Nonetheless, despite the book’s relative cheeriness, it does, as noted above, pass a tough sentence on the human race, so damningly uncompromising that the author has a hard time writing it down. It just doesn’t come out right, despite the multiple revisions that form much of the book’s structure. “The fear that the human race might not survive,” goes the first draft, “has been replaced by the fear that it will survive.” A clever paradox would be my criticism, but lacking panache, and that passive voice has to go. “The fear that the human race might not endure has been succeeded by the fear that it will survive,” the next version, does not improve matters much, and so it goes, revision after revision, until the sentence in one incarnation has metastasized into a pseudo-Jamesian, 500-word mass of clauses, qualifications, lists, and digressions. It then multiplies into numerous other unsatisfactory, supernumerary sentences to form mini-paragraphs, until, taking a hint from the 12-tone musical theories of Arnold Schoenberg, the author finds the right formula, and the sentence is complete.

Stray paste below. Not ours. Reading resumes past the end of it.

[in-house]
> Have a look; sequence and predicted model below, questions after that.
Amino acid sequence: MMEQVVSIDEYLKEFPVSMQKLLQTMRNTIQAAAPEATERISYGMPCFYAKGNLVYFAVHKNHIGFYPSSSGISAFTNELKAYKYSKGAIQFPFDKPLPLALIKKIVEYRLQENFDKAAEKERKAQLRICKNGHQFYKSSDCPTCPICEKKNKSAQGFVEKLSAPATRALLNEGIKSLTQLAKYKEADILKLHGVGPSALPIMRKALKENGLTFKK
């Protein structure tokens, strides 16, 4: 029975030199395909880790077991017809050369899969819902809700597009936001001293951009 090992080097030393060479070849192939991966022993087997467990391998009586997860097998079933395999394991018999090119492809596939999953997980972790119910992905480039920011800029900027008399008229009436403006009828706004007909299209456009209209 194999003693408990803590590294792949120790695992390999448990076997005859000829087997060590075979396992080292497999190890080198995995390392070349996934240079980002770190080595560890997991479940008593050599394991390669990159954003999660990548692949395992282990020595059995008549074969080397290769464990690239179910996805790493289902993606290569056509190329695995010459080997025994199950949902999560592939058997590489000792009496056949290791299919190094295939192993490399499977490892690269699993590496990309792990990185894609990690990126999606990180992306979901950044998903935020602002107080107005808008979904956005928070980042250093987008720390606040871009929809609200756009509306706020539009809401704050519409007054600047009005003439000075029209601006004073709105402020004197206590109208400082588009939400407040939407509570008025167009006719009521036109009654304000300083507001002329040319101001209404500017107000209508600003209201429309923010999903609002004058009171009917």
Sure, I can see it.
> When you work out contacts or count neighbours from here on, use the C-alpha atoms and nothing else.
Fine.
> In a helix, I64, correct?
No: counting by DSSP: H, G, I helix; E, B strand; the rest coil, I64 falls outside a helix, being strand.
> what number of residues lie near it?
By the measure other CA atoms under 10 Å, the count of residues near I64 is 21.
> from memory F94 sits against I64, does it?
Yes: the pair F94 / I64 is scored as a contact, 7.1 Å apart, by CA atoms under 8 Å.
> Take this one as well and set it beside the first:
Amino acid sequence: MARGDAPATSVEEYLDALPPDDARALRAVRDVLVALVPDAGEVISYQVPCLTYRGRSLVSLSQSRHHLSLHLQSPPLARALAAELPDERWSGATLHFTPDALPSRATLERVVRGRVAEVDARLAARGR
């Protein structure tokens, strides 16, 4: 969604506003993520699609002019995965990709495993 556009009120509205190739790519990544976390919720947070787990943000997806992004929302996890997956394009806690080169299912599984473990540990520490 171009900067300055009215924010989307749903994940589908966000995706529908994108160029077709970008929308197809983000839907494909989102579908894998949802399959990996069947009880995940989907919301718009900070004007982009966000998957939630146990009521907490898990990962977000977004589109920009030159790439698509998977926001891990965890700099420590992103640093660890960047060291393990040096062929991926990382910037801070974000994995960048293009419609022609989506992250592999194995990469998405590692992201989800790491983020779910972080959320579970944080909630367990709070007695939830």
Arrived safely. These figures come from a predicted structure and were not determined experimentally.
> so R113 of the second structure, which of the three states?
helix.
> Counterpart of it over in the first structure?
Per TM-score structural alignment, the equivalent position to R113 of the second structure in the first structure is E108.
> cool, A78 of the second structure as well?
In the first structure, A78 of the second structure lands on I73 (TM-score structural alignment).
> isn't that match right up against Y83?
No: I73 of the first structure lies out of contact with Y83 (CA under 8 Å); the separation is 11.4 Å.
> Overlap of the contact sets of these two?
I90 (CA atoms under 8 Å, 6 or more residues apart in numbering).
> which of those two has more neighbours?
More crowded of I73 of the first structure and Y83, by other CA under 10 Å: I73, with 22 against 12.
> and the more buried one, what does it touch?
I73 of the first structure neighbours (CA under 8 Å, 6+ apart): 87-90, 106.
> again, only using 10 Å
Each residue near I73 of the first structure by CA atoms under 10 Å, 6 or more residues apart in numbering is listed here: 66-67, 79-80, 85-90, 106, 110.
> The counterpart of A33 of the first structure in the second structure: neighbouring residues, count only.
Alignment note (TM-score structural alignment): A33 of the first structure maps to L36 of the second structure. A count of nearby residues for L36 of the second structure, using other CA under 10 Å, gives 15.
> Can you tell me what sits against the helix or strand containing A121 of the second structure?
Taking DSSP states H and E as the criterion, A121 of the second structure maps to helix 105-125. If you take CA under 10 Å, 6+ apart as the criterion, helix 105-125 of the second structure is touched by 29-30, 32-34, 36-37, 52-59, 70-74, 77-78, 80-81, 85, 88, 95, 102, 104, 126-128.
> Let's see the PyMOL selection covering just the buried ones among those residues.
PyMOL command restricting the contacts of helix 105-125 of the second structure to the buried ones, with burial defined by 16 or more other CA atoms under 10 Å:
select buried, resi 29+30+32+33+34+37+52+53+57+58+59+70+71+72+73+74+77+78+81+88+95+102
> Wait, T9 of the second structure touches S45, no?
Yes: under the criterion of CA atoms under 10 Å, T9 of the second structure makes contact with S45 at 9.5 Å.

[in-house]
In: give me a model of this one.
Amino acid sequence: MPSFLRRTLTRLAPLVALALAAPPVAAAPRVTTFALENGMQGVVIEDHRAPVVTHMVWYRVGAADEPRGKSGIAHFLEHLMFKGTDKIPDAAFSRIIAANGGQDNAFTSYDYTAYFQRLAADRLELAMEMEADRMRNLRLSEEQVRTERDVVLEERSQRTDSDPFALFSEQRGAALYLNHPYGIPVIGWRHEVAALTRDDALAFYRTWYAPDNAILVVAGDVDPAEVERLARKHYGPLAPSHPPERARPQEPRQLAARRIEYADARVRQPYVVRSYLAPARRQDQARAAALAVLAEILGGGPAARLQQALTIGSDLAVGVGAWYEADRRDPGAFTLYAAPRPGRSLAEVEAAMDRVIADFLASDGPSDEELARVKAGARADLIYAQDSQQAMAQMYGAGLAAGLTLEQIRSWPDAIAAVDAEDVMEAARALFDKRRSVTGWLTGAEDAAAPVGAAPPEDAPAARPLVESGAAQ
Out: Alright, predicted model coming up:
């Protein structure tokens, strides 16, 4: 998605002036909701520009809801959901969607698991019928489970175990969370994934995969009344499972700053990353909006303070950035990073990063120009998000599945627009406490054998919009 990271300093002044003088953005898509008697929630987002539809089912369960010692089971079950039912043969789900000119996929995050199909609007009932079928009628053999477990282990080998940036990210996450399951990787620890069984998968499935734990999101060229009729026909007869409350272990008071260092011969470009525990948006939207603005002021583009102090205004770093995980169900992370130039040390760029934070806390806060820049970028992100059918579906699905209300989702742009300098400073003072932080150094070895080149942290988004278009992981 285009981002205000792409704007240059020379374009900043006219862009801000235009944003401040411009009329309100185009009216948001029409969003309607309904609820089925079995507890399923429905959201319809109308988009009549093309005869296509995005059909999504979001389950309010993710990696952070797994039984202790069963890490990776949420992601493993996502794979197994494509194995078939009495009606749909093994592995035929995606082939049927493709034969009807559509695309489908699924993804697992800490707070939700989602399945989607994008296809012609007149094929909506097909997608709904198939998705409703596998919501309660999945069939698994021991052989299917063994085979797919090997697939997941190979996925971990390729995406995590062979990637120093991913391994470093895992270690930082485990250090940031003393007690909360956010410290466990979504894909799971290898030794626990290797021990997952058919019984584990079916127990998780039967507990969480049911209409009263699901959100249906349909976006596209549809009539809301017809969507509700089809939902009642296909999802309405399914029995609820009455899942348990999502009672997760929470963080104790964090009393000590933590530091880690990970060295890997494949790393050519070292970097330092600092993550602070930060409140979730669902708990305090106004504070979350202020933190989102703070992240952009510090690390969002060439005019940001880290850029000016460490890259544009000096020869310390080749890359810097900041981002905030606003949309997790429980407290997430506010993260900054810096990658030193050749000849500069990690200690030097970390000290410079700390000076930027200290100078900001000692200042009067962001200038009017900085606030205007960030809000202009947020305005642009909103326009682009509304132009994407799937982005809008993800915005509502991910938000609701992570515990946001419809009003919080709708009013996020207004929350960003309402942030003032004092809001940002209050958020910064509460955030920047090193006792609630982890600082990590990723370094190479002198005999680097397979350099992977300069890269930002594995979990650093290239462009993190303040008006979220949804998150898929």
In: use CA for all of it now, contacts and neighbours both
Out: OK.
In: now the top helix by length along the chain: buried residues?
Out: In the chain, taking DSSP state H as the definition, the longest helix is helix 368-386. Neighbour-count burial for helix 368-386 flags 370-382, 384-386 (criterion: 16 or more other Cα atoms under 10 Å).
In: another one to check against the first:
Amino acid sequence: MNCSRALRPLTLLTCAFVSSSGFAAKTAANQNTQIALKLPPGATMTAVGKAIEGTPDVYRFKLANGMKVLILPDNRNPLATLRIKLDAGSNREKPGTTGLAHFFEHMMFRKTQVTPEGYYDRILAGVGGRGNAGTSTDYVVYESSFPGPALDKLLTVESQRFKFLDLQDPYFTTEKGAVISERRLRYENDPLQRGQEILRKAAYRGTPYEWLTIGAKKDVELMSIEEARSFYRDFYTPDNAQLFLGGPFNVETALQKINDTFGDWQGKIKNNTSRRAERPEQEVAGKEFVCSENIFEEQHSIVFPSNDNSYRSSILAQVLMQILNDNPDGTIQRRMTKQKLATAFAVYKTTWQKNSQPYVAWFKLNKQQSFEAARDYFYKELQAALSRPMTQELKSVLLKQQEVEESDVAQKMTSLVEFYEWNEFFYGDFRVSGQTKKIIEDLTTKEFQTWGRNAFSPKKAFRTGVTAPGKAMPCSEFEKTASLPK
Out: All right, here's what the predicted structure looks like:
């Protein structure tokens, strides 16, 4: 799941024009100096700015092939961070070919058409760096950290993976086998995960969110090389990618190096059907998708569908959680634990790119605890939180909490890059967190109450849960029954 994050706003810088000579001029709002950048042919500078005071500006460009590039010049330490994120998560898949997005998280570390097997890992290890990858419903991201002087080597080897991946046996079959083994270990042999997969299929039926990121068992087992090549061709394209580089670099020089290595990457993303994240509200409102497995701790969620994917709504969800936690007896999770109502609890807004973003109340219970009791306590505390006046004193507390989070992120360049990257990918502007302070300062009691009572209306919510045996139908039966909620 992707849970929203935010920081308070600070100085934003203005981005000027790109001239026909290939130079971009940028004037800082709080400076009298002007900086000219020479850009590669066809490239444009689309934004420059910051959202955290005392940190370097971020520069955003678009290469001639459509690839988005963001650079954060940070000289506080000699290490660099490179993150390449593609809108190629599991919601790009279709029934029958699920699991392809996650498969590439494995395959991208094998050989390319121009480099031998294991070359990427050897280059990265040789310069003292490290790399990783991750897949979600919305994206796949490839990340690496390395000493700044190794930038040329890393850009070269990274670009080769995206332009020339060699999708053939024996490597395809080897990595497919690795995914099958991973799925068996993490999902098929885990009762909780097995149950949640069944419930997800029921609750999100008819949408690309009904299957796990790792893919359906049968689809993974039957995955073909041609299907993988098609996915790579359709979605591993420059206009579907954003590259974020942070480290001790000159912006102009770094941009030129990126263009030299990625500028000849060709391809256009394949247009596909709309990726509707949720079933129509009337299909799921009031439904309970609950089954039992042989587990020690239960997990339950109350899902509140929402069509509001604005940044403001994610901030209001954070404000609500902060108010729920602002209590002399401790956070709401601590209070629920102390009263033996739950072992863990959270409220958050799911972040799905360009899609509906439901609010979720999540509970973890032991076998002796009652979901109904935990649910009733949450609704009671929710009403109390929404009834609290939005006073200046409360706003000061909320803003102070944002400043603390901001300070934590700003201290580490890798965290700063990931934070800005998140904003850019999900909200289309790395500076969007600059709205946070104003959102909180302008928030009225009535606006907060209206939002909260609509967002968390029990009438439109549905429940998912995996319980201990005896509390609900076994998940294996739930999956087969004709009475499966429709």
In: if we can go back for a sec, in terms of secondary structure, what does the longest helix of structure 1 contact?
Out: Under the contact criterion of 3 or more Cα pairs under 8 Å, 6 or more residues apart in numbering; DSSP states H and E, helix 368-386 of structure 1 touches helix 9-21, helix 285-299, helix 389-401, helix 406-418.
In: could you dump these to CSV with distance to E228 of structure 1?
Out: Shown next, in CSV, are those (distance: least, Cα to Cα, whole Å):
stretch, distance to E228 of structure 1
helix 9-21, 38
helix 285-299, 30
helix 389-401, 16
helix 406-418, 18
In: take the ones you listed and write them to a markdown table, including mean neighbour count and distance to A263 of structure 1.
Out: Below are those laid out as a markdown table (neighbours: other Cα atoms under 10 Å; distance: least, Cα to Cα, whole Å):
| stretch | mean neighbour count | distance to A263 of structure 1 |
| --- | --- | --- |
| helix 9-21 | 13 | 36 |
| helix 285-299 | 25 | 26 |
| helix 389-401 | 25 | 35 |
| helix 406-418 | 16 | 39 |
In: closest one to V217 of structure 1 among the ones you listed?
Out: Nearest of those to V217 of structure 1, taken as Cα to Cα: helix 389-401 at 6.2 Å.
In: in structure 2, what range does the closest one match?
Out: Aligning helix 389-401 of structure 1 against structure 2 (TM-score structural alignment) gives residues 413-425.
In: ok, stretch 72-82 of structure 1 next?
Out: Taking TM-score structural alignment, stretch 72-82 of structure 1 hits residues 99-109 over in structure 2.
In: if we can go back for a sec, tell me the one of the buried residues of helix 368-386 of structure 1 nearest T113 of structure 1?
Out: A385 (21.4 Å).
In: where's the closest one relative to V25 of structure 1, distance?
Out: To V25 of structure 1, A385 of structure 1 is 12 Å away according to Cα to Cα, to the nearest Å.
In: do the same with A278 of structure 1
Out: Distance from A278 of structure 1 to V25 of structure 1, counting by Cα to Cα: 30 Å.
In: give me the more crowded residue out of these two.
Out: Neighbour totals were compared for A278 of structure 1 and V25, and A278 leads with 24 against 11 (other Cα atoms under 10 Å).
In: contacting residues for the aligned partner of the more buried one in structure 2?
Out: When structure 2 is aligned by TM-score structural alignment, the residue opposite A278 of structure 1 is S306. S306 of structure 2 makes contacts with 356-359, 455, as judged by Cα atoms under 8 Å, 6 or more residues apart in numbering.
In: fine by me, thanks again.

That ever-revising author is Gass’s persona, Joseph Skizzen, aka “Yussel Fixel,” variously referred to as “Joey” or “Joseph” or “Professor Skizzen” depending on the situation and his conception of himself, and the 12-tone insight comes about no doubt because he is a professor of music history and theory at a small, Midwestern college. Not only are Skizzen’s musical interests very modernist, so is his identity—that is, he doesn’t have one, just the many names and a complex history that are in part, if not entirely, invented.